This is classic Zuckerbergian language that focuses on enabling and empowering individuals — the little guy. It’s incredibly optimistic, in large part because he is painting with the broadest possible brush. Stuff will get created! People will get paid! Net positive! The devil is in the details, of course. And details are sparse.
I don’t mean to suggest that Zuckerberg isn’t having some deeper thoughts about the creator economy — it’s clear he’s interested in how Facebook might help people discover new creators and how much of a cut they should take as the middleman. Zuckerberg mentioned “portability,” which means he’s thinking about how much freedom creators ought to have from being platform-dependent. And the company is building out its “Stars” tipping tool, which will eventually allow for subscriptions and one-time purchases. These are good things. And in an idealized internet, these tools will help people.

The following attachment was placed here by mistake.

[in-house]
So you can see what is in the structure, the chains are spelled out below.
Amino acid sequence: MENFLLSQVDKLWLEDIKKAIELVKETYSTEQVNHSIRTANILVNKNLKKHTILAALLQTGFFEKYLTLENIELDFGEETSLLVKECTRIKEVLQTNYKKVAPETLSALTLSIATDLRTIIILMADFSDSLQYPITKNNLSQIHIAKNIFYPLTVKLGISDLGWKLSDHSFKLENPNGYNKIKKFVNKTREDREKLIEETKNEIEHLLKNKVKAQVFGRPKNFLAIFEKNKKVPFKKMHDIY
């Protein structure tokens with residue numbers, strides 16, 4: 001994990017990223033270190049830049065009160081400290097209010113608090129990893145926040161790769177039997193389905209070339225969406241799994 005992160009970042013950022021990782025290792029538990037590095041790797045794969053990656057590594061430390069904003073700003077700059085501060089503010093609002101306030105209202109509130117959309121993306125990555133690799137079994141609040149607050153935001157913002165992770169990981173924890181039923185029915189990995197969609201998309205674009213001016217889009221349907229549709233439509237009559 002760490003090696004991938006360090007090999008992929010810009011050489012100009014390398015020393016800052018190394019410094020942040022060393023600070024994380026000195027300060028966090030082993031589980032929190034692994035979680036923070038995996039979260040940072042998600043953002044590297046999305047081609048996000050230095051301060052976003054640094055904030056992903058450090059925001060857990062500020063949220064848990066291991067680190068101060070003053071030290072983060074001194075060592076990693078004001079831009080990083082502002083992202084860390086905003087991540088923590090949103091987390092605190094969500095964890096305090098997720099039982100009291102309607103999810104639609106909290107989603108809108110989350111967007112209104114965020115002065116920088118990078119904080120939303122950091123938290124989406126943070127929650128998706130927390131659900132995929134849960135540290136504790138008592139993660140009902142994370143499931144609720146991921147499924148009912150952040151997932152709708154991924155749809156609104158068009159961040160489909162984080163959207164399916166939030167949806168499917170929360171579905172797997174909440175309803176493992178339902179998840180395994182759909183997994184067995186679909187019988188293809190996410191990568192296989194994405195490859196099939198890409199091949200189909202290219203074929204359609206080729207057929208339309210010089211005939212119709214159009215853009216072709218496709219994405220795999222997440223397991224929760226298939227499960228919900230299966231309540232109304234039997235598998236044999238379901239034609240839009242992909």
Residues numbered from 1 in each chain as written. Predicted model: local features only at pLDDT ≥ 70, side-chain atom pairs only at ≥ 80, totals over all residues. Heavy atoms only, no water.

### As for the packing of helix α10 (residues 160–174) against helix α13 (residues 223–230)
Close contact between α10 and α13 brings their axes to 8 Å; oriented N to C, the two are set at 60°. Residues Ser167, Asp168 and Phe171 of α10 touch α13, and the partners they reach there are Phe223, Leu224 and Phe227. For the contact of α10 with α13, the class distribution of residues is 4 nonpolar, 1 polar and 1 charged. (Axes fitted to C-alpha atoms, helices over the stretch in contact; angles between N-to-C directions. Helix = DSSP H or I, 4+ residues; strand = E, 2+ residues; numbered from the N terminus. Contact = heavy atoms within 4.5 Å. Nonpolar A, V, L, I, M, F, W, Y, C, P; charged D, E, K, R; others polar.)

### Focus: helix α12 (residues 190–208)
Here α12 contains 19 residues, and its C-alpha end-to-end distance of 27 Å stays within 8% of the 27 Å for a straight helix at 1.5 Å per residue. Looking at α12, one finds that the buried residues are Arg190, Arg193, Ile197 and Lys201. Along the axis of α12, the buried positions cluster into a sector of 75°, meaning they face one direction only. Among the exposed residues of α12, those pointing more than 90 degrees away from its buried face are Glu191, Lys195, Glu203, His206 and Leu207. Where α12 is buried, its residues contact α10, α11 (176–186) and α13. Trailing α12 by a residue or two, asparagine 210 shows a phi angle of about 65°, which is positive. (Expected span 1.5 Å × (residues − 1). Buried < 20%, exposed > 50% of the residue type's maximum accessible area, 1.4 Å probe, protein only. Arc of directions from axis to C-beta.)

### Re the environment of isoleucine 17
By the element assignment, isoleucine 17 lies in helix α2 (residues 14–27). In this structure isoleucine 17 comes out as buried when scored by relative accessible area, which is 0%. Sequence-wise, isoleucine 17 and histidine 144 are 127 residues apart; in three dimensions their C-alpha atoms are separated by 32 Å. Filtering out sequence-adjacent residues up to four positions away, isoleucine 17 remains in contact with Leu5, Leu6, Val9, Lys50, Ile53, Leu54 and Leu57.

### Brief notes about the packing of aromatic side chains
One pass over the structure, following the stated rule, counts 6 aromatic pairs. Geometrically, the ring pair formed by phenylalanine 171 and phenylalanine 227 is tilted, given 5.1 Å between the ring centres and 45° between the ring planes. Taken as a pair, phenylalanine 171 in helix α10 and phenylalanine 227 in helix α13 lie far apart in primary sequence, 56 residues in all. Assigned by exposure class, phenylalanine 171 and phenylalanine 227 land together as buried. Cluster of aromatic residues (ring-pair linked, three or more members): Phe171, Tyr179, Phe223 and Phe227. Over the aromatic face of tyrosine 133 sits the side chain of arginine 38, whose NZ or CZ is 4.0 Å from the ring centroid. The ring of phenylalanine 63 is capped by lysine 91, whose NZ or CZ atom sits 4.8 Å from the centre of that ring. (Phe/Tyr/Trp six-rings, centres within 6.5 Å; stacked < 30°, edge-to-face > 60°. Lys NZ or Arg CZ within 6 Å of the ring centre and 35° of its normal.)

But we don’t live on an idealized internet. And we certainly don’t live on an equal one. The creator economy, especially, is a lopsided one — the top creators rake in exorbitant amounts of money off huge followings, while the vast majority operate in a precarious gig economy fashion. As venture capitalist Li Jin demonstrated rather brilliantly back in December, there is no real “Creator Middle Class.” Here are a few stats from that piece:
On Patreon, only 2% of creators made the federal minimum wage of $1,160 per month in 2017. On Spotify, artists need 3.5 million streams per year to achieve the annual earnings for a full-time minimum-wage worker of $15,080, a fact that drives most musicians to supplement their earnings with touring and merchandise. In contrast, in America in 2016, 52% of adults lived in middle income households, with incomes ranging from $48,500 to $145,500.